This important book explores how we are becoming strangers to others and to ourselves because we no longer talk often – at least not face-to-face. Even the use of the telephone has changed these days. Telephones are now for texting, picture taking, information, seldom for conversation. As Sherry Turkle studies the relationship of people and technology, she analyzes how digital devices change the way we relate to others. Her research suggests constant connection to the internet deeply affects family, school, work and worship. It changes what we do but also who we are. Connecting virtually to others plus constant internet preoccupation reshapes the human personality. The uniquely human ability to receive and give love is stunted. We take on computer characteristics.
Knowledge of self and others comes from conversation, face-to-face interaction. In conversations we open our hearts to each other. We learn from body language, voice inflection, emotional responses, feelings, silences, awkward moments; all of which are missing from text messages. As Turkle wisely notes, we learn especially from conversations with people who disagree with us. It strengthens our own beliefs and attitudes, while nurturing understanding and tolerance. Face-to-face we experience others and ourselves completely, warts and all without pretense, without scrubbing the image. In contrast, online we present our best self as others do to us. Online we can choose to relate only to those who agree with us. Emotionally less demanding, messaging seems more rewarding. But relationships are flattened, in danger of becoming shallow and our humanity less humane.
According to Turkle, persons shaped by computers show less empathy. Their feelings are stunted, under-developed. School surveys show children’s ability for empathy is in decline. They express feelings with difficulty and fail to read how words can hurt others. Today, teens typically use a text message to break off romantic relationships, or to express condolences. At meals, at parties, searching their smart phones, they are not present to others. Many children prefer virtual friends and robots to real friends. Robots do not cause friction, they do not disagree, do not quarrel. In contrast, the real world is unpredictable, sometimes emotionally draining. Since the late 1990s virtual pets and social robots present themselves as having feelings and love. Can simulated love ever be love? Turkle writes: “The most important job of childhood and adolescence is to learn attachment to and trust in other people. That happens through human attention, presence and conversation.”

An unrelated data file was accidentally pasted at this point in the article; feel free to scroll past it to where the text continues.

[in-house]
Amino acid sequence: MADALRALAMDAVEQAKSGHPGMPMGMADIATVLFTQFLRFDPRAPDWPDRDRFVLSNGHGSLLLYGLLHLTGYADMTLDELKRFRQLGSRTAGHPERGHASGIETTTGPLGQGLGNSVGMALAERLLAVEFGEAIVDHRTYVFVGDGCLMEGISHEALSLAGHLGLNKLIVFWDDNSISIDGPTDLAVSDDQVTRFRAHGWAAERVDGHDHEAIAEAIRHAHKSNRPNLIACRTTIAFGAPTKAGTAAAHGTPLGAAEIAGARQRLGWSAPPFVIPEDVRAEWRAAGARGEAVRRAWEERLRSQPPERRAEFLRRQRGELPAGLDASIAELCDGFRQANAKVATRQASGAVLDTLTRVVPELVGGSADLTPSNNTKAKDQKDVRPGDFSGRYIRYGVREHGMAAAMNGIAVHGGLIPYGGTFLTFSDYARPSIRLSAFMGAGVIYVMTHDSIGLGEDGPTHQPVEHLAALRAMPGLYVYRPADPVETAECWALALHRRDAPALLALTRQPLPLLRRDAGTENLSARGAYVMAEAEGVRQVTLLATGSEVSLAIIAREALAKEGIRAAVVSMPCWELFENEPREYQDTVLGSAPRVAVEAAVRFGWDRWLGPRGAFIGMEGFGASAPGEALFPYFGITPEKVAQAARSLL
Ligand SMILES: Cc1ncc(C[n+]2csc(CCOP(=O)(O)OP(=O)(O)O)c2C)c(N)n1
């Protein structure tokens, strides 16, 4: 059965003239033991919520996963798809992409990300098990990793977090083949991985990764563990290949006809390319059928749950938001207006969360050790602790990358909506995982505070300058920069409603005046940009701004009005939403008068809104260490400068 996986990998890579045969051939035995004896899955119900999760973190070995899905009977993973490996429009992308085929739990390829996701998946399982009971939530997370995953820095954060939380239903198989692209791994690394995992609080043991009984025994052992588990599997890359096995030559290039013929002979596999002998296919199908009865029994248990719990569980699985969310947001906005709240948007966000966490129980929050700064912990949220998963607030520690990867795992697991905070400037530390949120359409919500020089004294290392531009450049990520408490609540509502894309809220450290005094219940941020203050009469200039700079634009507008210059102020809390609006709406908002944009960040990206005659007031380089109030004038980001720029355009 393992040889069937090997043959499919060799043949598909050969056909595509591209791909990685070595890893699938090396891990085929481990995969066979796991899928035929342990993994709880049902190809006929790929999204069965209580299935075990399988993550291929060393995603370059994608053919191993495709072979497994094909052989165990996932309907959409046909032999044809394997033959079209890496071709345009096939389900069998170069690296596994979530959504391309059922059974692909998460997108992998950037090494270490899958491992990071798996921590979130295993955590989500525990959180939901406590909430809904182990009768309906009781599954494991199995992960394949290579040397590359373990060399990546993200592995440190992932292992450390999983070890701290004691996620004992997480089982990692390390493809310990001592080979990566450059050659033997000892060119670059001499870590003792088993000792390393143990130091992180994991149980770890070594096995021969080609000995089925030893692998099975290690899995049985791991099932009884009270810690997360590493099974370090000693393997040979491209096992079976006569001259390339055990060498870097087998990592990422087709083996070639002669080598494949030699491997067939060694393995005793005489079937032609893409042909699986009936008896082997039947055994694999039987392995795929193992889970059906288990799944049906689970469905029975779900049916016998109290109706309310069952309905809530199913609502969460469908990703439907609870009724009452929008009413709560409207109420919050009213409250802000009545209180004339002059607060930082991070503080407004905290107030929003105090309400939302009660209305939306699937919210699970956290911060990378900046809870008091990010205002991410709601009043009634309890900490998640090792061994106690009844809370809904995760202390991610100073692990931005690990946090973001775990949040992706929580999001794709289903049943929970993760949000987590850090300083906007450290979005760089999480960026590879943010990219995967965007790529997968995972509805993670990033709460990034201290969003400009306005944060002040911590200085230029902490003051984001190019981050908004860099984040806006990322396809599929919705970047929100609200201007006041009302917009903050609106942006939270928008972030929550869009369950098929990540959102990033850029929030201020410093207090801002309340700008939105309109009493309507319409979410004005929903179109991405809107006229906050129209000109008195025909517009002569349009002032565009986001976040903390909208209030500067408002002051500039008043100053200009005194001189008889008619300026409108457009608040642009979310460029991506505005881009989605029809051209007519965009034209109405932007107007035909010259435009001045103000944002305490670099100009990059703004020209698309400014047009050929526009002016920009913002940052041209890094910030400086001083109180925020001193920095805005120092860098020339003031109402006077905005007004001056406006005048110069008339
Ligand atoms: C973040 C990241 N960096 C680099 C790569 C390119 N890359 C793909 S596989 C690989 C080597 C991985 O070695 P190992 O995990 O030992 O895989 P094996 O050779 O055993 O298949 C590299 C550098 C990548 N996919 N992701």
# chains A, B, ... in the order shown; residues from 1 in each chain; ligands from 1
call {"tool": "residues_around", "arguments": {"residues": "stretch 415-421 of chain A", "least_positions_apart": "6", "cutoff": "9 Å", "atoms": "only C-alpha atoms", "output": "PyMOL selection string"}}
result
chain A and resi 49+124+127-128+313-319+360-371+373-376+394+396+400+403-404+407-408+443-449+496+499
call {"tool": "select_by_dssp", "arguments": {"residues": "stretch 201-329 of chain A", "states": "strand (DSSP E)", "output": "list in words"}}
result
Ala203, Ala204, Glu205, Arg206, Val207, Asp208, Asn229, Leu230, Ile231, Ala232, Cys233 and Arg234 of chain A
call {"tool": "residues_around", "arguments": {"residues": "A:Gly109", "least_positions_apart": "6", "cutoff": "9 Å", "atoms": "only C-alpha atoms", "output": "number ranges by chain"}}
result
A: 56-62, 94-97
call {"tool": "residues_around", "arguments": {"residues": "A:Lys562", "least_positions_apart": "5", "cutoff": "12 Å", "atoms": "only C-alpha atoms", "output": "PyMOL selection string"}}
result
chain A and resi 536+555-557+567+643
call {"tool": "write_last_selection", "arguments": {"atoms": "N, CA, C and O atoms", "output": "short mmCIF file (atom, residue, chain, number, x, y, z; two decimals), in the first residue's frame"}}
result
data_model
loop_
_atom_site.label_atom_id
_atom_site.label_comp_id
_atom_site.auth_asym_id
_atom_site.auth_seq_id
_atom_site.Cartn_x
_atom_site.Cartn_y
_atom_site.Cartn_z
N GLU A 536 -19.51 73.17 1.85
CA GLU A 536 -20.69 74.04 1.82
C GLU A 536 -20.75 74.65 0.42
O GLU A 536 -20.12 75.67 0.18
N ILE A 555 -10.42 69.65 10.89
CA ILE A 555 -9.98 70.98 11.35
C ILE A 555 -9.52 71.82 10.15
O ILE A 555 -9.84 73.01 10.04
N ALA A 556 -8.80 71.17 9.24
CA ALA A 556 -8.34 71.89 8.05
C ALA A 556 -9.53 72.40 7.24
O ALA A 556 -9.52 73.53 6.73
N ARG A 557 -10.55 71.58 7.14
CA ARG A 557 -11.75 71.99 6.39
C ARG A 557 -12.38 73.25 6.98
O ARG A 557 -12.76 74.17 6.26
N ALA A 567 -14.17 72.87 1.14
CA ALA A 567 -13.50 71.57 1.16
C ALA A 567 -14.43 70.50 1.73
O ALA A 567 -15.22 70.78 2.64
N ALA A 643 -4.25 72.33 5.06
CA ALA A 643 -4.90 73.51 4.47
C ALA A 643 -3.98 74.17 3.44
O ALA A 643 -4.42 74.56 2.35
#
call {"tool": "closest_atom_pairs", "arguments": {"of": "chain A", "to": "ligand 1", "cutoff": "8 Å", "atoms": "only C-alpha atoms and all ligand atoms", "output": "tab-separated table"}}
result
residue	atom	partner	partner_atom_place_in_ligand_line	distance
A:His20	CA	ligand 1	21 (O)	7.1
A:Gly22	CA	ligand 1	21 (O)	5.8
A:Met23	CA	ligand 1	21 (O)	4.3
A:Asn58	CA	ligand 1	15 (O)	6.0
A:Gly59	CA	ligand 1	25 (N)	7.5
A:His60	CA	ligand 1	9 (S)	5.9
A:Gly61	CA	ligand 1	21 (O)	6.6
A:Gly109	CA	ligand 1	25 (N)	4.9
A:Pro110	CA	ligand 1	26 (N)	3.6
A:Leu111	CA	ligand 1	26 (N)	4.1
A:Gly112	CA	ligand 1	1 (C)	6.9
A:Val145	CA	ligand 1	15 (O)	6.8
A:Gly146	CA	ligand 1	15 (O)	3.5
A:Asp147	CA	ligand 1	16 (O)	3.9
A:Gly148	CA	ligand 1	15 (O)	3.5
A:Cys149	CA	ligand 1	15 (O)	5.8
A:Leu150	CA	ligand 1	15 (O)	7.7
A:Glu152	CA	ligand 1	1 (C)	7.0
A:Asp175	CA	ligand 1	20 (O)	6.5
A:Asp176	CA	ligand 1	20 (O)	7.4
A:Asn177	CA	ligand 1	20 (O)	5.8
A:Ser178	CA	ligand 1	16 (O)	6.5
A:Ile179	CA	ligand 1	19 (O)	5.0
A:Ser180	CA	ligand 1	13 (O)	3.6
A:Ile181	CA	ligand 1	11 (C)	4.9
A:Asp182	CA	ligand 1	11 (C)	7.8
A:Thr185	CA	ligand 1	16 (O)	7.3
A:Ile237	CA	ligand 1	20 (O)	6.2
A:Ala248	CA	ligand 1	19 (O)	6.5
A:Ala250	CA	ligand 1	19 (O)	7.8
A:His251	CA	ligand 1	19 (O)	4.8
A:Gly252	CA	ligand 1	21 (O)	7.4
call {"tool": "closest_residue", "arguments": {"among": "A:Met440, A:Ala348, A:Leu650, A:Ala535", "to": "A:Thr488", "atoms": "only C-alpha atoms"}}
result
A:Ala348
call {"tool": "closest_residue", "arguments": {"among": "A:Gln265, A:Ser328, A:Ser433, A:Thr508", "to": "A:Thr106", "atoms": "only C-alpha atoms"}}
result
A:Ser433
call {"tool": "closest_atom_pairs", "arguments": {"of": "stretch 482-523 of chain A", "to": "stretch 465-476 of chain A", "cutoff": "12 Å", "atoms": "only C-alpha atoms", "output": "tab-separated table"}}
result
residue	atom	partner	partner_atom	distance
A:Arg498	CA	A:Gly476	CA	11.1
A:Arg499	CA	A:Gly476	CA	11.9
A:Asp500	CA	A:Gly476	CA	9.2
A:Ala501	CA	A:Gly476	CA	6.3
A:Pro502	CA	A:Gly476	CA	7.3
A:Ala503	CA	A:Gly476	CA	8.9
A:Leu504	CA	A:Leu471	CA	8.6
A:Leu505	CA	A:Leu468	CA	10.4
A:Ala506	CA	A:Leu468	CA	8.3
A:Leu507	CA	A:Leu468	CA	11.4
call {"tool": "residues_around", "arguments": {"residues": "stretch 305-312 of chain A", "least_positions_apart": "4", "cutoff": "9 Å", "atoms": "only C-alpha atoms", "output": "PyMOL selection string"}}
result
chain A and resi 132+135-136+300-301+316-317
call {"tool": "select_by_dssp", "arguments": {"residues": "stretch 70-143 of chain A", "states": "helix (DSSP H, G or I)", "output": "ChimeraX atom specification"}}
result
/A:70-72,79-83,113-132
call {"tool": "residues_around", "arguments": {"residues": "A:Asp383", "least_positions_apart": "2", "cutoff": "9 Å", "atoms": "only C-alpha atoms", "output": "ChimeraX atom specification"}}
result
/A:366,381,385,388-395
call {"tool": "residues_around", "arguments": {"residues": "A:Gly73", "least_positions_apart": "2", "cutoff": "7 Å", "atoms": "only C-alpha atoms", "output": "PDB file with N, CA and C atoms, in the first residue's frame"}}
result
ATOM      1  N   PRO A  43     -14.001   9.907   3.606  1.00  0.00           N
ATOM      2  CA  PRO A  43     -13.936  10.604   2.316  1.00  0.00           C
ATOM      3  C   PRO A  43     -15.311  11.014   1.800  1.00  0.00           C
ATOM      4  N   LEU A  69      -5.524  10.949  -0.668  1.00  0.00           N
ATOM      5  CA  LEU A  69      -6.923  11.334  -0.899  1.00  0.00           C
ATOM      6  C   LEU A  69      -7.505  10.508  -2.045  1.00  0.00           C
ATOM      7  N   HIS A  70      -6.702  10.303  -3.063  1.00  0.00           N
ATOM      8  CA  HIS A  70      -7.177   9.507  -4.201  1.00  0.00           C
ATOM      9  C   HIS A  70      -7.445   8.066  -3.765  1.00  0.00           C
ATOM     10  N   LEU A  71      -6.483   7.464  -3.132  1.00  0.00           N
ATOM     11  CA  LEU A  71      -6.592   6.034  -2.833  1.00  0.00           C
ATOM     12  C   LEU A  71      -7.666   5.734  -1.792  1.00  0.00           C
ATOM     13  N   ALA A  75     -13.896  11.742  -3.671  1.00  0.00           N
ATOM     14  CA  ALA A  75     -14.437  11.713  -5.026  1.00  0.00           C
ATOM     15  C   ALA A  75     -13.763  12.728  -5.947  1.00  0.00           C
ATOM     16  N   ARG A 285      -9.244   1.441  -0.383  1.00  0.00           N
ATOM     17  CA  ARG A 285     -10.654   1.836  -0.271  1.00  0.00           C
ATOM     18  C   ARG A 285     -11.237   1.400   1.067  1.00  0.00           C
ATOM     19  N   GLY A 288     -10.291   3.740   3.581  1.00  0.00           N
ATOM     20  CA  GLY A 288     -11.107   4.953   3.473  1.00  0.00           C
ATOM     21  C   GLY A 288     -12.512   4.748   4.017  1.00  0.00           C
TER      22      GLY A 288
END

Increasingly there is a push to give companionship to the elderly through technology, but can a social robot or an advanced Siri ever be a person’s best friend? Turkle observes that we like the illusion of companionship without the demands of friendship:
Caring machines challenge our most basic assumptions of what it means to commit to each other. Empathy apps claim they will tutor us back to being fully human . . . we have to ask if we become more human when we give our most human jobs away. We have to remember who we are – creatures of history, of deep psychology, of complex relationships. Of conversations artless, risky, and face-to-face.
Are we destined to reduce the human person to a glorified robot? Turkle does have hope. She thinks humans are resilient and will resist the addiction of being connected 24/7. But because constant connectivity is a powerful addiction, resisting its pull is very, very difficult. She records the beginnings of resistance. For example, increasingly businesses discourage multi-tasking, forbid smart phones inside a meeting and stage opportunities for face-to-face conversations; classrooms are beginning to be cleared of personal devices; families schedule limits on screen-time, plan device-free dinners, evenings, even weekends; declare kitchens and dining rooms conversation-only spaces; device-free restaurants are beginning to pop-up; summer camps lacking connectivity are popular.
Are we raising a generation bereft of tender moments of shared pain and joy? Where is this technology taking us and at what cost? Do the things we learn in the virtual world help or hinder us to live better in the real world? If Turkle is even partly correct, Christians would do well to seek opportunities for real conversations that honour our identities as images bearers of God, created for deep connection.
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